The human rights group Amnesty International says the United States should open the Guantanamo terrorist detention center to unhindered international inspections, or else close it down.
The call from Amnesty International follows an announcement from United Nations human rights experts that they have cancelled a visit to the U.S.-run camp in Cuba. U.N. officials say Washington had denied them unrestricted access to Guantanamo detainees.
U.S. officials have strongly denied allegations that prisoners at the facility are being mistreated. U.S. officials also point out that the International Committee of the Red Cross has already been given access to interview Guantanamo detainees to monitor the conditions at the camp.
The Secretary-General of Amnesty International, Irene Khan, says the development fuels concern about the treatment of Islamic terrorist suspects held at Guantanamo.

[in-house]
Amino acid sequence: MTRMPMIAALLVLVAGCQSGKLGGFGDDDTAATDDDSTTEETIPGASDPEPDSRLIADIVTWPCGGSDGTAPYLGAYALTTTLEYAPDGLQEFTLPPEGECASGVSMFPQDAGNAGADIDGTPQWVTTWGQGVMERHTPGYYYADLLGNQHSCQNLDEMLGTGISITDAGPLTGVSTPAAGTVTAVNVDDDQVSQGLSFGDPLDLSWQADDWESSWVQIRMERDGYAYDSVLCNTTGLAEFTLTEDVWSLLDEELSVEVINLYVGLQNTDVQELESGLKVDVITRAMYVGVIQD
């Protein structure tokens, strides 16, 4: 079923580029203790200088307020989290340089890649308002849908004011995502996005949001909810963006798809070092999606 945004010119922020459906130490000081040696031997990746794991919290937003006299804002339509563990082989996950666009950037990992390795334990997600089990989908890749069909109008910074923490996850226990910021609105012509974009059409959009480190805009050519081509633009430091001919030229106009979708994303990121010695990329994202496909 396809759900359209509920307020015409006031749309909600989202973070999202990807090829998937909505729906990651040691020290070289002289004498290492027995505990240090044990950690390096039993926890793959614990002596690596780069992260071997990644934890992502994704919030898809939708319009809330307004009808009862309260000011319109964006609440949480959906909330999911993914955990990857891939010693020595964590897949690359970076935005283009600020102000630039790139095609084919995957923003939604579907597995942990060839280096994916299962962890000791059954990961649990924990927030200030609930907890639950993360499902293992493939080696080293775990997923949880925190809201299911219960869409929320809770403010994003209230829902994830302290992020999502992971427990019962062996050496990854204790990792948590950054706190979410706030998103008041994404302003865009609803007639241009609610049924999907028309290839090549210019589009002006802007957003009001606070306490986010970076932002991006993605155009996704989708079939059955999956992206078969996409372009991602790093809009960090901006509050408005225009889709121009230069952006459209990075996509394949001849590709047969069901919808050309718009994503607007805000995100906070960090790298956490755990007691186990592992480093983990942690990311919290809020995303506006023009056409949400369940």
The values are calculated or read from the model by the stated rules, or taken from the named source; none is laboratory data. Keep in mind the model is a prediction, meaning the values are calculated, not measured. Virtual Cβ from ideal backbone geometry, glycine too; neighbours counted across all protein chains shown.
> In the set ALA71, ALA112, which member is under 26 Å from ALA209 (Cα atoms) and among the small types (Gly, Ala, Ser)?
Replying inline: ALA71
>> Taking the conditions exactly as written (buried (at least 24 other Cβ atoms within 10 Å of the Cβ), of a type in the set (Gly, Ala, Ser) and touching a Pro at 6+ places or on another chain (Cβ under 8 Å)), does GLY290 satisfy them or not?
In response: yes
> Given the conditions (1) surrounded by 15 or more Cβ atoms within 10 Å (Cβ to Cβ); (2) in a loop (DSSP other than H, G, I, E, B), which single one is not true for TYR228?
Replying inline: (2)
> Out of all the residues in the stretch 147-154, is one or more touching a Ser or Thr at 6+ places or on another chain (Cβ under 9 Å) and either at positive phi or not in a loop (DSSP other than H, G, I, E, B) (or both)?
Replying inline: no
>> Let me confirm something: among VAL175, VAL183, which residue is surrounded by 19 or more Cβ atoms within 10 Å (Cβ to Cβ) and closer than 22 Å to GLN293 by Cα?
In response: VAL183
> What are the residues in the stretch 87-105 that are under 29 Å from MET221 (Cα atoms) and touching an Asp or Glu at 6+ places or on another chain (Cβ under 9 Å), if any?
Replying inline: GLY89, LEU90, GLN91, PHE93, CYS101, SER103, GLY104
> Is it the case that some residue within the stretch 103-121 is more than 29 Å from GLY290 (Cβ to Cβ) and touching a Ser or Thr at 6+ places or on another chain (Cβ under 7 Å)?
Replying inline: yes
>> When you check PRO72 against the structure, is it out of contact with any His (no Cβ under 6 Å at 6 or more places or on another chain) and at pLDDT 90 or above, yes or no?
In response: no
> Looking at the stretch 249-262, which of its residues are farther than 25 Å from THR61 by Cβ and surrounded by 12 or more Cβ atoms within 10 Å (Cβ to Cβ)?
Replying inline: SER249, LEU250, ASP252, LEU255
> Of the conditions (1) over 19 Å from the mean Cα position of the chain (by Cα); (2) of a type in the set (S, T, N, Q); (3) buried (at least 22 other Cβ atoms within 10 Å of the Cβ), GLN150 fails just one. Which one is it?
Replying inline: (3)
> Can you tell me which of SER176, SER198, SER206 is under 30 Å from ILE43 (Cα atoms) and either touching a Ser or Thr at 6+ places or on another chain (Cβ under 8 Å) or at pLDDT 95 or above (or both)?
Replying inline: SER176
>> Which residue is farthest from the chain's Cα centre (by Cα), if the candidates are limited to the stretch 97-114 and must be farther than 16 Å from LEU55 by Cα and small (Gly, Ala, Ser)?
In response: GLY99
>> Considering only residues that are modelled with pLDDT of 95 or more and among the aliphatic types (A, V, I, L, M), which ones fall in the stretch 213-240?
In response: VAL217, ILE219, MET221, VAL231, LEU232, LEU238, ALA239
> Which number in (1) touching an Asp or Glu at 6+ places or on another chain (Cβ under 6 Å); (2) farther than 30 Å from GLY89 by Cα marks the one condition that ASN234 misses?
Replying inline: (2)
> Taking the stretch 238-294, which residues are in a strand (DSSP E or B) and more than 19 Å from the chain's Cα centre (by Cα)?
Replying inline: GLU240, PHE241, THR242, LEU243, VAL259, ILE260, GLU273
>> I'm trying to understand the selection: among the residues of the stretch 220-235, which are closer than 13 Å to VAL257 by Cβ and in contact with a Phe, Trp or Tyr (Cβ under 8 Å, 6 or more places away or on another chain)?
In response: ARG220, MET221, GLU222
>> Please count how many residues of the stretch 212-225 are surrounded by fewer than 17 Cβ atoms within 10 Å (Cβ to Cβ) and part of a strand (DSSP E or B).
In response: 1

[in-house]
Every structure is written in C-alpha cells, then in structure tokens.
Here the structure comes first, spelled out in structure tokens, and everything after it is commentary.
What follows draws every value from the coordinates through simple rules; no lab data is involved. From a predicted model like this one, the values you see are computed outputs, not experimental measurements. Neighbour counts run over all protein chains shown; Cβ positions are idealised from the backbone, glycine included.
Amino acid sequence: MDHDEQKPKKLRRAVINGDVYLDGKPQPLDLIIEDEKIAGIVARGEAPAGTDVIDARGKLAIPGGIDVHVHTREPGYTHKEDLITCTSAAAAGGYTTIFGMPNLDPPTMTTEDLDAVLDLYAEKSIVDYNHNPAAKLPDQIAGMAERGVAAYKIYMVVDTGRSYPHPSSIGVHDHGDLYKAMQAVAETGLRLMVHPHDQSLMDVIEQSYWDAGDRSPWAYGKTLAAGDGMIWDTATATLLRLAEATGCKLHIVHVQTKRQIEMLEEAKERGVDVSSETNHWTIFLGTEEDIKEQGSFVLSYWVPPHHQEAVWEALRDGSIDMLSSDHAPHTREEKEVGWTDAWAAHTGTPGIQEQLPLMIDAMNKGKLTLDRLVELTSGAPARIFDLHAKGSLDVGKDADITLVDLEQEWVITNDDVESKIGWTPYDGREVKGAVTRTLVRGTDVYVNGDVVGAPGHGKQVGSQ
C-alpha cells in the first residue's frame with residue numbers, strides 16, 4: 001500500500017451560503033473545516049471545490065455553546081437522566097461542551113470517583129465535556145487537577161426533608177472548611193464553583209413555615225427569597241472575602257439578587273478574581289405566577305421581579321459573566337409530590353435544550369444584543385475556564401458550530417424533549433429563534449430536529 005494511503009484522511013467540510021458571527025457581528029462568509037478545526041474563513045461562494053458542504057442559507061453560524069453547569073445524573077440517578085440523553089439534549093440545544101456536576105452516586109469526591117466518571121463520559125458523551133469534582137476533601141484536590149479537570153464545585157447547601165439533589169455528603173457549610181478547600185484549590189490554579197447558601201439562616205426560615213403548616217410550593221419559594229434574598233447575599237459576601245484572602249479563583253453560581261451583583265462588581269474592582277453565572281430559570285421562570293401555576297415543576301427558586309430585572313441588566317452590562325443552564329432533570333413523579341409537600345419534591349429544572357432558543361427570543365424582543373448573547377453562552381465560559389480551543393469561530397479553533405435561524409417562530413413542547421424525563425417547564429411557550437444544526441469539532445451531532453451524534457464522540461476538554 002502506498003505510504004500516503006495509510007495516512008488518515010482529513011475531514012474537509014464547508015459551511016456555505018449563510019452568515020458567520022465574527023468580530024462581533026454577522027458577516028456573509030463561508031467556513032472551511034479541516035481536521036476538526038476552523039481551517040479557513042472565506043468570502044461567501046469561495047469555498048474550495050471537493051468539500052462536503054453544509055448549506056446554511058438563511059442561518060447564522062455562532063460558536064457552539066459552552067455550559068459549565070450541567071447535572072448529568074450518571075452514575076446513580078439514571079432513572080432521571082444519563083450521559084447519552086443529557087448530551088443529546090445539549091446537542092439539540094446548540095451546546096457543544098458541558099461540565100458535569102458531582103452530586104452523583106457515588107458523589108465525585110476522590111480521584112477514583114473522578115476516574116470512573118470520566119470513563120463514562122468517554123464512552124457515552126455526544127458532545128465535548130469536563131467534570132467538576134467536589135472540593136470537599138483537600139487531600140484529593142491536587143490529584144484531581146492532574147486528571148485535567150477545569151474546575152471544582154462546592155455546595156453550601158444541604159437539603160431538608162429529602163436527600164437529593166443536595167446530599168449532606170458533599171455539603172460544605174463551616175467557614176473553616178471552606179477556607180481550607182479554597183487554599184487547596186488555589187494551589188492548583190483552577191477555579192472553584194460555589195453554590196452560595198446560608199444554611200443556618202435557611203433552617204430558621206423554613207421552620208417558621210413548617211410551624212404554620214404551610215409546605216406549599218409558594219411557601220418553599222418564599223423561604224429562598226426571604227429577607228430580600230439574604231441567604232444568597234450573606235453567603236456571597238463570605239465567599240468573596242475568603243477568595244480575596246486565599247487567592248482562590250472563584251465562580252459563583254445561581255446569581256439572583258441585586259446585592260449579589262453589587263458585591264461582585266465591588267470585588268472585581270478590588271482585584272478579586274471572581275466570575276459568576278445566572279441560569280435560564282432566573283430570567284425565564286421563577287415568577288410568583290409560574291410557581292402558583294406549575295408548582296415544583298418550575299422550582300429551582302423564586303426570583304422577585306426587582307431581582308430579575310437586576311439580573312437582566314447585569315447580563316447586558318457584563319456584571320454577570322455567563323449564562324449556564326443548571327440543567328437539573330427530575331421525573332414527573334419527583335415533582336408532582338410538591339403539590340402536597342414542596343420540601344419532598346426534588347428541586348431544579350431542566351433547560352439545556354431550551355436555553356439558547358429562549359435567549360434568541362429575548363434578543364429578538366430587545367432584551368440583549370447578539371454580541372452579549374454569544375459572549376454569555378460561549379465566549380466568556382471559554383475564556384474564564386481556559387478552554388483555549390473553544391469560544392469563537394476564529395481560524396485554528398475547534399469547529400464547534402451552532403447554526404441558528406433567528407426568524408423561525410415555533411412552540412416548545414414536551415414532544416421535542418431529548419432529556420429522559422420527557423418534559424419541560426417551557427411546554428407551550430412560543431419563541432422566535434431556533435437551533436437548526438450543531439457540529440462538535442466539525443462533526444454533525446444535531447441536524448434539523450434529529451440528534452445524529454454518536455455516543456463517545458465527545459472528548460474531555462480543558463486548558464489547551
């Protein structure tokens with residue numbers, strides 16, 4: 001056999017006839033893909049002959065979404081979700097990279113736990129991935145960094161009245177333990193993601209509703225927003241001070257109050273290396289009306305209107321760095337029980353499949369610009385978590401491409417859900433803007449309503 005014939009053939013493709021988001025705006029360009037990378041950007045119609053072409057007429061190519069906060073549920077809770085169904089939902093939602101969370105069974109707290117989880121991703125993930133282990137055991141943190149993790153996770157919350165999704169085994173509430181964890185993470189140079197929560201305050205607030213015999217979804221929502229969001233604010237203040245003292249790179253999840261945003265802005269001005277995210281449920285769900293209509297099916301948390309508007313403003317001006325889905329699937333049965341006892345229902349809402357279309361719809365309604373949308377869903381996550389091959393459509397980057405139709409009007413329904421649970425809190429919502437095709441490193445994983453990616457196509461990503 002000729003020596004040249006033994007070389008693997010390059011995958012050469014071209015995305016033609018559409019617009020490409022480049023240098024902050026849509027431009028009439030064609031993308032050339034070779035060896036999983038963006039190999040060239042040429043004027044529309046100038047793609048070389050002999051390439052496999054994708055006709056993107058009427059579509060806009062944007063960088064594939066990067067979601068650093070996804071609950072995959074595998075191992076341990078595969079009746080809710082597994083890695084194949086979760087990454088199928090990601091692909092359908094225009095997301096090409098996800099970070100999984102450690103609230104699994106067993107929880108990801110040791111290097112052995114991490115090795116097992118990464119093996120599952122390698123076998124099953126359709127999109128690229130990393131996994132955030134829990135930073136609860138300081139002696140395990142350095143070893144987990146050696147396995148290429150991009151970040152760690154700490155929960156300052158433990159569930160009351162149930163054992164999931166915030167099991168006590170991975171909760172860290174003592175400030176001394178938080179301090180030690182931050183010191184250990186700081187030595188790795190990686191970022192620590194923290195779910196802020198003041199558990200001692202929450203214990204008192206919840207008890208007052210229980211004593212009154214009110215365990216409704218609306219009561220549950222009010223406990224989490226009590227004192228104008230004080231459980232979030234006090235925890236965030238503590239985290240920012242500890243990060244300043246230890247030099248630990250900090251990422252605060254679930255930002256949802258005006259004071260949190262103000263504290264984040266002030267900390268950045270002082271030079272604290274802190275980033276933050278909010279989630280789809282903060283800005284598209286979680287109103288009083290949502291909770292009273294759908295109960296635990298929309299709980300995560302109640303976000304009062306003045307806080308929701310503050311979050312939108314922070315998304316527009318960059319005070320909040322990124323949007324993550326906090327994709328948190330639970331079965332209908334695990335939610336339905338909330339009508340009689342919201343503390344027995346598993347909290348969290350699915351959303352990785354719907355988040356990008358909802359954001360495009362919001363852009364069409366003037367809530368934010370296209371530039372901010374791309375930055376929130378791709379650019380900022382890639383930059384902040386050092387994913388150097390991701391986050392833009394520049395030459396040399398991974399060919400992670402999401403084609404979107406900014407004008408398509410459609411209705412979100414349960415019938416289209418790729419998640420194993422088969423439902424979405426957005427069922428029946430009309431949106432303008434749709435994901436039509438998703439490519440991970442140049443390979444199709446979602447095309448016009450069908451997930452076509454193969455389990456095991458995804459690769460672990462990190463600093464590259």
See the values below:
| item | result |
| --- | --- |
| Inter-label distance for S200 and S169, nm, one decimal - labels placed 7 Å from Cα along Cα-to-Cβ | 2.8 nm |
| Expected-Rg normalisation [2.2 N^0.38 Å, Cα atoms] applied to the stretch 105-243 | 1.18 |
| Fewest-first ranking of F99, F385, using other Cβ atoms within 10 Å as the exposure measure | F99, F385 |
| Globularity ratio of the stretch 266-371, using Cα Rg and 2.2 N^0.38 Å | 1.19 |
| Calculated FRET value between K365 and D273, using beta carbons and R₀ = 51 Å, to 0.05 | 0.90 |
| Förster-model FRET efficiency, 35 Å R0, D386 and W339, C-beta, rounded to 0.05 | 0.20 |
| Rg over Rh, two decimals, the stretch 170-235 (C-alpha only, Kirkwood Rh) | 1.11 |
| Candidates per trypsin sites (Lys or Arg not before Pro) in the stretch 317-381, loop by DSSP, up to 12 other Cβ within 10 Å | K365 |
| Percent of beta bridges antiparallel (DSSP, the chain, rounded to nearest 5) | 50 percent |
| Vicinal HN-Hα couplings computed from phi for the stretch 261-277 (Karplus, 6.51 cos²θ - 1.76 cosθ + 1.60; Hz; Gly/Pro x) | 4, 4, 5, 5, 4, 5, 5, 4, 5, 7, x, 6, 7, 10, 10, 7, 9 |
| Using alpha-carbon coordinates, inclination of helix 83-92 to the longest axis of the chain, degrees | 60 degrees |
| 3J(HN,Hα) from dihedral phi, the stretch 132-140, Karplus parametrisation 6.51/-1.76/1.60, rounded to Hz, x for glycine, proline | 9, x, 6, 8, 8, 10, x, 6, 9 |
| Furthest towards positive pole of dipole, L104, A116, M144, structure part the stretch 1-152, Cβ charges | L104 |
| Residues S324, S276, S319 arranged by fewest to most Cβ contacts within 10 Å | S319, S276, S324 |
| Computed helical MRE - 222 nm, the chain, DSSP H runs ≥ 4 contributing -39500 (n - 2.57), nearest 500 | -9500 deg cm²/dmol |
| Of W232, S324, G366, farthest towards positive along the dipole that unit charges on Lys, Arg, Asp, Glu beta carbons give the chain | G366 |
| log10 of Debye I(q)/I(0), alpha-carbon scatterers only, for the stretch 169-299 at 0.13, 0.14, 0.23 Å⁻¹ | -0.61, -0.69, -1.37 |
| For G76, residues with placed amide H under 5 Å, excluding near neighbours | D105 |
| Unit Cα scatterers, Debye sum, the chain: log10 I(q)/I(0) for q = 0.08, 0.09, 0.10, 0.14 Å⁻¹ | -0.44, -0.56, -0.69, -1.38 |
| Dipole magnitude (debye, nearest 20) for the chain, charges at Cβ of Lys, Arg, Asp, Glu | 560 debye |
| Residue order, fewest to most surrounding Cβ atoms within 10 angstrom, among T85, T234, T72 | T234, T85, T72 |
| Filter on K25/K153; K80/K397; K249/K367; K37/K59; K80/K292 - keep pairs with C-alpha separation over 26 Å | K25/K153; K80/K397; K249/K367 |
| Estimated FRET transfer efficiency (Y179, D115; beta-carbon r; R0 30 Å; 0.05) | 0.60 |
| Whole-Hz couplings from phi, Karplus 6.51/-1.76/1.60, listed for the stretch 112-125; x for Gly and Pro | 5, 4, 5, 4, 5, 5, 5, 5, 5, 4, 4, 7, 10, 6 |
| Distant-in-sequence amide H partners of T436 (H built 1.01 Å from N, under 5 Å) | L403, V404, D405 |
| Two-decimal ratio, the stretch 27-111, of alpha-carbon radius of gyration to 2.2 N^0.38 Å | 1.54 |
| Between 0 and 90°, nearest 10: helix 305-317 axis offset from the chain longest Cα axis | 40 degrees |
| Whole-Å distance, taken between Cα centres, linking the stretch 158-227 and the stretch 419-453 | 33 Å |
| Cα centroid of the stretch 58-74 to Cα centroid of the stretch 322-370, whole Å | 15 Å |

"We call on the U.S. government to stop blocking meaningful access to independent experts and to the United Nations to the Guantanamo detention center. Our demand is simple. Shut down Guantanamo, or open it up," said Ms. Khan.
Ms. Khan says her organization, working with other human rights activists, has gathered evidence that the United States and some of its allies are using abusive tactics to try to gather information from suspected terrorists.
"Torture, ill-treatment, incommunicado and secret detention are all prohibited under international law," she added. "Disappearances are crimes under international law, yet all are being committed with impunity by governments, including the United States, which is the self-professed defender of democracy and freedom around the world."
Ms. Khan says her organization strongly condemns terrorist attacks against civilians as gross abuses of human rights. But she says the perpetrators and their accomplices should be charged, tried and punished in accordance with international human rights standards.
Amnesty International and the British-based legal charity Reprieve are sponsoring a three-day conference in London to examine the use of torture, secret detentions and other controversial methods in the war on terrorism.